Here's the thing: the Cardinals decided, at the outset of this offseason, that signing David Price was their number one priority. They put off Jason Heyward's impending negotiations, barely engaged any other free agents at all aside from the small-fry signing of Brayan Pena, and went hard after the top free agent pitcher available. It was an exhilarating time to be a fan.
Price, like Leake, cost only money, having been traded this past season and so ineligible for a qualifying offer. He is, on the downside, two years older than Leake, at 30. Price has also thrown at least 200 innings five of the last six seasons, falling less than fifteen innings short in 2013, when he missed time early in the season with a triceps strain. Over those six seasons, Price has been worth 30.5 WAR according to Fangraphs, 27.9 WAR if you prefer Baseball-Reference. Best of all, he's coming off either the best or second-best season of his career, depending on which WAR valuation you prefer. He threw 220.1 innings in 2015, posting a 2.45 ERA and 2.78 FIP, along with a strikeout to walk ratio of nearly 5:1.
The Cards went hard after Price, and nearly got him. In fact, he was planning on signing with the Redbirds until Boston swooped in and went approximately $30 million higher on their total offer. The Cardinals came back with a counter offer that was closer, but still not really in the same ballpark. And so David Price is a Red Sock.
Mike Leake has pitched six seasons in the big leagues, five of them full campaigns. In those five full seasons, he's reached 200 innings just once, in 2014. Now, to be fair, he's passed the 190 inning mark two other times, in both 2013 and '15, so it isn't as if he's not racking up pretty fair innings totals. Just not David Price innings totals. In the six years he's been in the big leagues, Leake has been worth 9.7 wins above replacement going by Fangraphs, and 9.1 according to B-Ref. He was just fine in 2015; his run-prevention results were exactly the same as in 2014 (3.70 ERA both years), and his stuff actually appeared to tick up a little. His strikeout rate fell, though, and there are some worrying trends to watch as well.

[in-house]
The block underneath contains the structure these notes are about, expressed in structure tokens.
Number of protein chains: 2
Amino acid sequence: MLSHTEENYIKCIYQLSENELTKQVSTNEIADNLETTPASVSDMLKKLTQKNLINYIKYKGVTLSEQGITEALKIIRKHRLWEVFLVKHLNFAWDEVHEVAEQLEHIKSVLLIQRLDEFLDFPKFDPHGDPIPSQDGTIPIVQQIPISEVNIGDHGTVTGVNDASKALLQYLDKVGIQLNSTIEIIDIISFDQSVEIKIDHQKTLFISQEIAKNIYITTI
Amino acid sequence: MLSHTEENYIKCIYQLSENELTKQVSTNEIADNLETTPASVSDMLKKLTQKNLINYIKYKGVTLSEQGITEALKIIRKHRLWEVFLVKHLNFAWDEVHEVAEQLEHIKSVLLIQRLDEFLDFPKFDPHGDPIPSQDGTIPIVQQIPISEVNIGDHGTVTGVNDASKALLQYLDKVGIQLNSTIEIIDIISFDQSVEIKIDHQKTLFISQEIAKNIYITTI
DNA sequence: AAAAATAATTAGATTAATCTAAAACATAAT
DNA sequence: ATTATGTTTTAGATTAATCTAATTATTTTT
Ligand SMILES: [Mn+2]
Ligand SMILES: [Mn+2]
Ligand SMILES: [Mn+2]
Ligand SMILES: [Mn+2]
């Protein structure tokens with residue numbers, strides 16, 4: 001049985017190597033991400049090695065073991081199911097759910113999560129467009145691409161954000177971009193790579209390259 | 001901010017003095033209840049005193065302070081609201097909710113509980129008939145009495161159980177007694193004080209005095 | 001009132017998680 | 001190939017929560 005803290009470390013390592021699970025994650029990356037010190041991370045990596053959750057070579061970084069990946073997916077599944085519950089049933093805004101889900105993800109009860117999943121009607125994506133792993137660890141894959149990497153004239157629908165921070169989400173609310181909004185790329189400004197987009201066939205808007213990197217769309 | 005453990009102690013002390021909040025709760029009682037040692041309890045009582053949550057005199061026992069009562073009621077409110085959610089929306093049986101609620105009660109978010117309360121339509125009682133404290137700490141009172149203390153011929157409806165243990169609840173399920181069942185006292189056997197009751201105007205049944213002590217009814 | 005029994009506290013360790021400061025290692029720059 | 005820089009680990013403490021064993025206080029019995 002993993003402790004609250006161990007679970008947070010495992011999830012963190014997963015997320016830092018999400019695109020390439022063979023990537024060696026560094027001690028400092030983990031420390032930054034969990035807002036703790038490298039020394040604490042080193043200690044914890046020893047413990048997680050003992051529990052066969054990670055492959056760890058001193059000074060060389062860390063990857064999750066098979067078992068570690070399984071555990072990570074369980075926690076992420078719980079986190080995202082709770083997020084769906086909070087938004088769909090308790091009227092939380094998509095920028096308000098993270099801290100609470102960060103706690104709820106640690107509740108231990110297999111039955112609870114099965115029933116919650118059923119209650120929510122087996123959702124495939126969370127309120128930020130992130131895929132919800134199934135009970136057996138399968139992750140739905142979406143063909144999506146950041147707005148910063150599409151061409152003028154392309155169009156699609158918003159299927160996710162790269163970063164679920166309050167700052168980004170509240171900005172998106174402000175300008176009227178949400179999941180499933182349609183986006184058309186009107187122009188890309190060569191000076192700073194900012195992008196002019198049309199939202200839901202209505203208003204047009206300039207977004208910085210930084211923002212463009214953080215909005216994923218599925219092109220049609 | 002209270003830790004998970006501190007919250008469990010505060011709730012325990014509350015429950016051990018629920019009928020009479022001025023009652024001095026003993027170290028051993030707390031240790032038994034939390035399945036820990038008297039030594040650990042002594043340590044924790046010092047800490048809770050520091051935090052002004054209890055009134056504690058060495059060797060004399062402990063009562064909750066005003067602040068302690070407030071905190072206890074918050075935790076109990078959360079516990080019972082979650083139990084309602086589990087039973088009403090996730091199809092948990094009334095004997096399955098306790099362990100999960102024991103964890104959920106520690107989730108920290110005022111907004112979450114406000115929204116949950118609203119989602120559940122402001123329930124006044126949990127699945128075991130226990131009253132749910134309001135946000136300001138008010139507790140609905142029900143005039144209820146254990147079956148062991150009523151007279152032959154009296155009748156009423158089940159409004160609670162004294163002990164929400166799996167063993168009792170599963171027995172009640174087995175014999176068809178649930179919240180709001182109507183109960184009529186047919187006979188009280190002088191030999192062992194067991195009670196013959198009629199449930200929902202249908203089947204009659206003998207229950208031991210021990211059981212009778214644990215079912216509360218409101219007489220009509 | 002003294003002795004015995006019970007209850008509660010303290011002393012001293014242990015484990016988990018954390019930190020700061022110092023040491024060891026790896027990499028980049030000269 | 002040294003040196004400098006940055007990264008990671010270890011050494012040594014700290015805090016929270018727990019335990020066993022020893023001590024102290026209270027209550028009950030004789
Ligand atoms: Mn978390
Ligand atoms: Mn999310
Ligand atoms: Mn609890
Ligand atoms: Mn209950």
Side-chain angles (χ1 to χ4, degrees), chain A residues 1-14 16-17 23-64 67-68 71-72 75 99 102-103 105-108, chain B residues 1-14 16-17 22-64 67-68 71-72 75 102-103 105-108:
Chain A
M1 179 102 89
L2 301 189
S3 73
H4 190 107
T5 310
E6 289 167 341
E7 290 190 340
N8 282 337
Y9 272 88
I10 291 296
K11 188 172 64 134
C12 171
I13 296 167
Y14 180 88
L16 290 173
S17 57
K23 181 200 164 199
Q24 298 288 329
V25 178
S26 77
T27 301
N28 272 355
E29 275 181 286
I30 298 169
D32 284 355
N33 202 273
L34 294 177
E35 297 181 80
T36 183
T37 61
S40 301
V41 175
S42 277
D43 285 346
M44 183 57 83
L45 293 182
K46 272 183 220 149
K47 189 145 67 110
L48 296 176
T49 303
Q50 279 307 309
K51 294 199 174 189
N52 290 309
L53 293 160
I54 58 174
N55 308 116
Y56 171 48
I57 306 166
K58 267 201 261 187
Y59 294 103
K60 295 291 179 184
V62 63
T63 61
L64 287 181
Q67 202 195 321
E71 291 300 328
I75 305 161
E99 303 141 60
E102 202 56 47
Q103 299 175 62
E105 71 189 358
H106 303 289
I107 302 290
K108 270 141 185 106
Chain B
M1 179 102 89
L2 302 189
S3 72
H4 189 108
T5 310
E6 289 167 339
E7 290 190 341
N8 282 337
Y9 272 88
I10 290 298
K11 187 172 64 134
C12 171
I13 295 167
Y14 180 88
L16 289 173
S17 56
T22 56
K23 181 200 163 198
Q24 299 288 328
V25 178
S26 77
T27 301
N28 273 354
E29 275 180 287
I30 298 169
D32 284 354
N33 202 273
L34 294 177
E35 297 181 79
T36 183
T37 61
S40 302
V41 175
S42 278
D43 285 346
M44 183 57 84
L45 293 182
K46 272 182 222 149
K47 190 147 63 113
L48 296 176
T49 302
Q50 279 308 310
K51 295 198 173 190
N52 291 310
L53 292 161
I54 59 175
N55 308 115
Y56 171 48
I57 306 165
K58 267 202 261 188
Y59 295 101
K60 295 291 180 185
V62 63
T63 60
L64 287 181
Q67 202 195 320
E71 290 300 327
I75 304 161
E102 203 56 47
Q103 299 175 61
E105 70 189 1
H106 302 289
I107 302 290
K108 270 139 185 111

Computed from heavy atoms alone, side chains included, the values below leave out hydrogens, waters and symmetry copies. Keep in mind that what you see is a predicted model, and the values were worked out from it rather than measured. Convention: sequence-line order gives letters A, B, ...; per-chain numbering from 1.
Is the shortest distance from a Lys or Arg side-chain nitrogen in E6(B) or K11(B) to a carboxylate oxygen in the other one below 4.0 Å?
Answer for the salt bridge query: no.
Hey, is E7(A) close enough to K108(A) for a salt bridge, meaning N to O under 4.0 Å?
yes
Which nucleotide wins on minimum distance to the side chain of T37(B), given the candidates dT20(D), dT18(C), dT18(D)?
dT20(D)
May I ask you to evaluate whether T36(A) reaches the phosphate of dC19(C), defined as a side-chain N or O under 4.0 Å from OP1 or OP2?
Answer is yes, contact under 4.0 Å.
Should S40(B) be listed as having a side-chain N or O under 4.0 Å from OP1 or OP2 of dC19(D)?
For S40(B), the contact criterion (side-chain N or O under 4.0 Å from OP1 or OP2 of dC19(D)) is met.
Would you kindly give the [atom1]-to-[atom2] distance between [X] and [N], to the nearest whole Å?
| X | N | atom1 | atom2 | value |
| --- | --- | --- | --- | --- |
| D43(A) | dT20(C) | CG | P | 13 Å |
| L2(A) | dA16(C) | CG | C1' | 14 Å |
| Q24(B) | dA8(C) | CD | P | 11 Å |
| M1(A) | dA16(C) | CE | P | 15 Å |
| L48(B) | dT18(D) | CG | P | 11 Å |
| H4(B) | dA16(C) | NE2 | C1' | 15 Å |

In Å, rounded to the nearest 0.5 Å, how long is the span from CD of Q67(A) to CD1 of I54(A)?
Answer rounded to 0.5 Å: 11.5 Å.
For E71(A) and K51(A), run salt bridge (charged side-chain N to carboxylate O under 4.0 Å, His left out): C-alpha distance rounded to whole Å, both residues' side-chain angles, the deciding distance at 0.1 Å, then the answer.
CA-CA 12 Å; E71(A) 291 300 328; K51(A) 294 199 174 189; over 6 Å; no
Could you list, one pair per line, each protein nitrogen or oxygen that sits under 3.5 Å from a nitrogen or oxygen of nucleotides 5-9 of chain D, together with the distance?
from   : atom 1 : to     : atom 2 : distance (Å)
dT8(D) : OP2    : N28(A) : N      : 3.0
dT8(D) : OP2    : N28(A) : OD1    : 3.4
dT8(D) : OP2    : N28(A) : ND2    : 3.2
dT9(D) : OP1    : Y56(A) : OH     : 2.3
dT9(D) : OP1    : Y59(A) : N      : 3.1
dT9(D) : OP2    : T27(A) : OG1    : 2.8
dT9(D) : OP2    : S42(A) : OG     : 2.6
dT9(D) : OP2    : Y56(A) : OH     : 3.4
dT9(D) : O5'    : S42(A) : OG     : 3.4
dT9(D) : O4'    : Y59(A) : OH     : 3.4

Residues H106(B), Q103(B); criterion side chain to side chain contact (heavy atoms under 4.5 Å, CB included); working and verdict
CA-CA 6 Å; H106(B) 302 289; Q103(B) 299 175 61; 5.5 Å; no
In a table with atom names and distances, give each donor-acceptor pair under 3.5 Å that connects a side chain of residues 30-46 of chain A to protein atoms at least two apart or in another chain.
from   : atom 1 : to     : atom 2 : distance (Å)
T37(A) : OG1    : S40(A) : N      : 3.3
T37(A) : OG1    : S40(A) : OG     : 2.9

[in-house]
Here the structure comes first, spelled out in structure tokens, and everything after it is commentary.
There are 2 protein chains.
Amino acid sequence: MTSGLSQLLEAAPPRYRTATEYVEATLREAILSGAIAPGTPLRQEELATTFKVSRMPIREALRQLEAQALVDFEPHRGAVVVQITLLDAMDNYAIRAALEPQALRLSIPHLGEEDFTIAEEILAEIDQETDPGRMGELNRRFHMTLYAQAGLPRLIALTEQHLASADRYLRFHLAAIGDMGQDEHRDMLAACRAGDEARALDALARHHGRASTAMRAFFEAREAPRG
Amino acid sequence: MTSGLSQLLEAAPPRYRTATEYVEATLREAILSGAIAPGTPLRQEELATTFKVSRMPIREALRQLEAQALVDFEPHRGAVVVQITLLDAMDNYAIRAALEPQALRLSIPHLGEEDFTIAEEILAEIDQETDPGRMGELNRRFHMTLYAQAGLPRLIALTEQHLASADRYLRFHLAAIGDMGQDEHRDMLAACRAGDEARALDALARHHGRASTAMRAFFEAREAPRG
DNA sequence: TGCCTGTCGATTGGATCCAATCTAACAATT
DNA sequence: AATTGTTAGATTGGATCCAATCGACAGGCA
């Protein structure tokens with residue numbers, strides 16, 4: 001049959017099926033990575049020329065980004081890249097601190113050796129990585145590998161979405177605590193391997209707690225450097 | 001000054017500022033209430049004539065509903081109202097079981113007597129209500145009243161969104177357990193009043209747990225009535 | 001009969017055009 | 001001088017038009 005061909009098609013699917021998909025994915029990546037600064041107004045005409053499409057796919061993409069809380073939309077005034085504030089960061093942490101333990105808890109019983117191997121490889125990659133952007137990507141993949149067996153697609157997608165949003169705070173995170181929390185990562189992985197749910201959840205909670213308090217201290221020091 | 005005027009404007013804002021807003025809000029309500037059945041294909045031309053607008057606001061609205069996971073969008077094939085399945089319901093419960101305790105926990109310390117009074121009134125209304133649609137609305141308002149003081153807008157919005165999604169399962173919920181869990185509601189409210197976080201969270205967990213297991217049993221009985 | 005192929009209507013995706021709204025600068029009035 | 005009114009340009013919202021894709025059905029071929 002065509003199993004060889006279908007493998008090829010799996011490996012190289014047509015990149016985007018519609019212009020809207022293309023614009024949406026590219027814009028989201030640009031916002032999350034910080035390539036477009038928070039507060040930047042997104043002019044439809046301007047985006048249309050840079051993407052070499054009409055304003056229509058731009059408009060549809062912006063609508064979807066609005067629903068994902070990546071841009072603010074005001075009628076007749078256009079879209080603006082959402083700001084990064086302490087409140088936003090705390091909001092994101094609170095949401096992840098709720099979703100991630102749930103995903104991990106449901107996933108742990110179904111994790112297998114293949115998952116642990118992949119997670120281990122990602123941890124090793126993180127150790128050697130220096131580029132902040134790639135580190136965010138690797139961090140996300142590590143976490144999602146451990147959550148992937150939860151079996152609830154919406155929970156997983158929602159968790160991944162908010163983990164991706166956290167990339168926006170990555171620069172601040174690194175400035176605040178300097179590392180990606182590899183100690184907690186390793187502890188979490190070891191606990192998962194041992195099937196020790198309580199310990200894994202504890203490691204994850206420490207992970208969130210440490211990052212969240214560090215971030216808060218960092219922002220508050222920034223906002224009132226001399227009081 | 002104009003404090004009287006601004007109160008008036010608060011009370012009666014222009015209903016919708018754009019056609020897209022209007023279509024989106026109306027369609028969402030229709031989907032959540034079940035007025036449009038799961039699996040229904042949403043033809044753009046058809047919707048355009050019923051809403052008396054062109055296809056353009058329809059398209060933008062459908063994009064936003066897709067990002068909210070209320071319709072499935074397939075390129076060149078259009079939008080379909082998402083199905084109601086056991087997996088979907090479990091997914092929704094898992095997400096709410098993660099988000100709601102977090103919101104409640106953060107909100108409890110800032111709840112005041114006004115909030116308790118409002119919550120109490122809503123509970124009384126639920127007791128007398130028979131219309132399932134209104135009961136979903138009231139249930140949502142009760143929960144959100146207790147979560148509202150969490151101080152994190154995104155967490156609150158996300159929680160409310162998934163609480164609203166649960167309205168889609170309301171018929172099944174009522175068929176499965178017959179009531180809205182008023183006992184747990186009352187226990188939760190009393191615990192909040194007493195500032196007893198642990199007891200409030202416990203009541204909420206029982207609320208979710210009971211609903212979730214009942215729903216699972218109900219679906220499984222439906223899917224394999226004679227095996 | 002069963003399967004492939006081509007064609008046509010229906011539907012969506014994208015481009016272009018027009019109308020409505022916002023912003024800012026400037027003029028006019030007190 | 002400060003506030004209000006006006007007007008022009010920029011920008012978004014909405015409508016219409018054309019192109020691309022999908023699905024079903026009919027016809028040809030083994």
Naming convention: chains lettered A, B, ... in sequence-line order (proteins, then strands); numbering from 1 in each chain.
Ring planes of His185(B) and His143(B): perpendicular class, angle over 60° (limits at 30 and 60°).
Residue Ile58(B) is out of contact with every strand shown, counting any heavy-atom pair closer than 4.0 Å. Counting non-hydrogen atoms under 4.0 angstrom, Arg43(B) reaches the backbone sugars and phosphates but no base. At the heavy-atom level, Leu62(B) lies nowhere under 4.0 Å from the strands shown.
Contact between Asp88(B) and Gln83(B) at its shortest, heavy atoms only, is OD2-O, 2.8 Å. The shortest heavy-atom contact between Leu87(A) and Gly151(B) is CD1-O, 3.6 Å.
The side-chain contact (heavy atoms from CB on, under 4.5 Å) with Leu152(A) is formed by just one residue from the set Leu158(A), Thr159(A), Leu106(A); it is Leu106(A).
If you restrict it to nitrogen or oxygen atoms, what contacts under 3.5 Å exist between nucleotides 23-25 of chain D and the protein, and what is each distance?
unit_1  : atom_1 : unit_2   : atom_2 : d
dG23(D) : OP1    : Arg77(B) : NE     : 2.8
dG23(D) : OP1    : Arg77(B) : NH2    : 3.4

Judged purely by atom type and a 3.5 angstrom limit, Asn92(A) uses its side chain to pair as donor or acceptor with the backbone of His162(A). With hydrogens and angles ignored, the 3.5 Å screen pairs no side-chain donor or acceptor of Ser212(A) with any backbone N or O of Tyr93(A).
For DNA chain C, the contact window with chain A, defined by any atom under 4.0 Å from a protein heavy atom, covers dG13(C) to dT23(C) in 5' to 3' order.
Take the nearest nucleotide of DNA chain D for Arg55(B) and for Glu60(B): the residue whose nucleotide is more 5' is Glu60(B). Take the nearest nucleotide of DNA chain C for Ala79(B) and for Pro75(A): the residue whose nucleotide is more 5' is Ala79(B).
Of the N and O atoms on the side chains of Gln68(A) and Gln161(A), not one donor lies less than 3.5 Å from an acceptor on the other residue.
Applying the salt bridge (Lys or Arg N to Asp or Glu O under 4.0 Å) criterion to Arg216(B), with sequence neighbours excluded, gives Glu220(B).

In other words, Mike Leake, over the previous six years, a sample size of close to 1100 innings, has been approximately one-third as valuable as David Price. In 2016, Steamer sees Leake as a 2.2 win pitcher; Price comes in at 5.0 WAR.
Admittedly, Price and Leake's contracts look quite a bit different. Leake has $80 million guaranteed on his deal, and will be here the full five years pretty much no matter what, due to the lack of an opt-out and a full no-trade clause. (Which, yes, pisses me off all to hell and back.) Price has $217 million guaranteed. And yet, looking at the average annual values, you're talking $16 million for Leake, and $31 for Price. So David Price is making slightly less than twice as much as Mike Leake per year, yet has been worth three times as much over the previous six seasons. He still projects to be well over twice as valuable in 2016, in spite of a two year difference in age.
If we assume the option on Leake's contract is picked up, bringing him to six years and $98 million -- strictly because it's closer to Price's overall deal -- then we're looking at approximately 45% of the contract the Red Sox handed David Price. Personally, I think the Cardinals could have gone to 7/$210 and Price would have come here, but just assuming they would have had to match the $217 figure, how many of you feel confident Mike Leake will be half as good as Price over the life of their respective contracts? I know, the opt-out complicates things. But, just for a moment, consider what the next half-decade would look like with each of these two pitchers in the Cardinal rotation.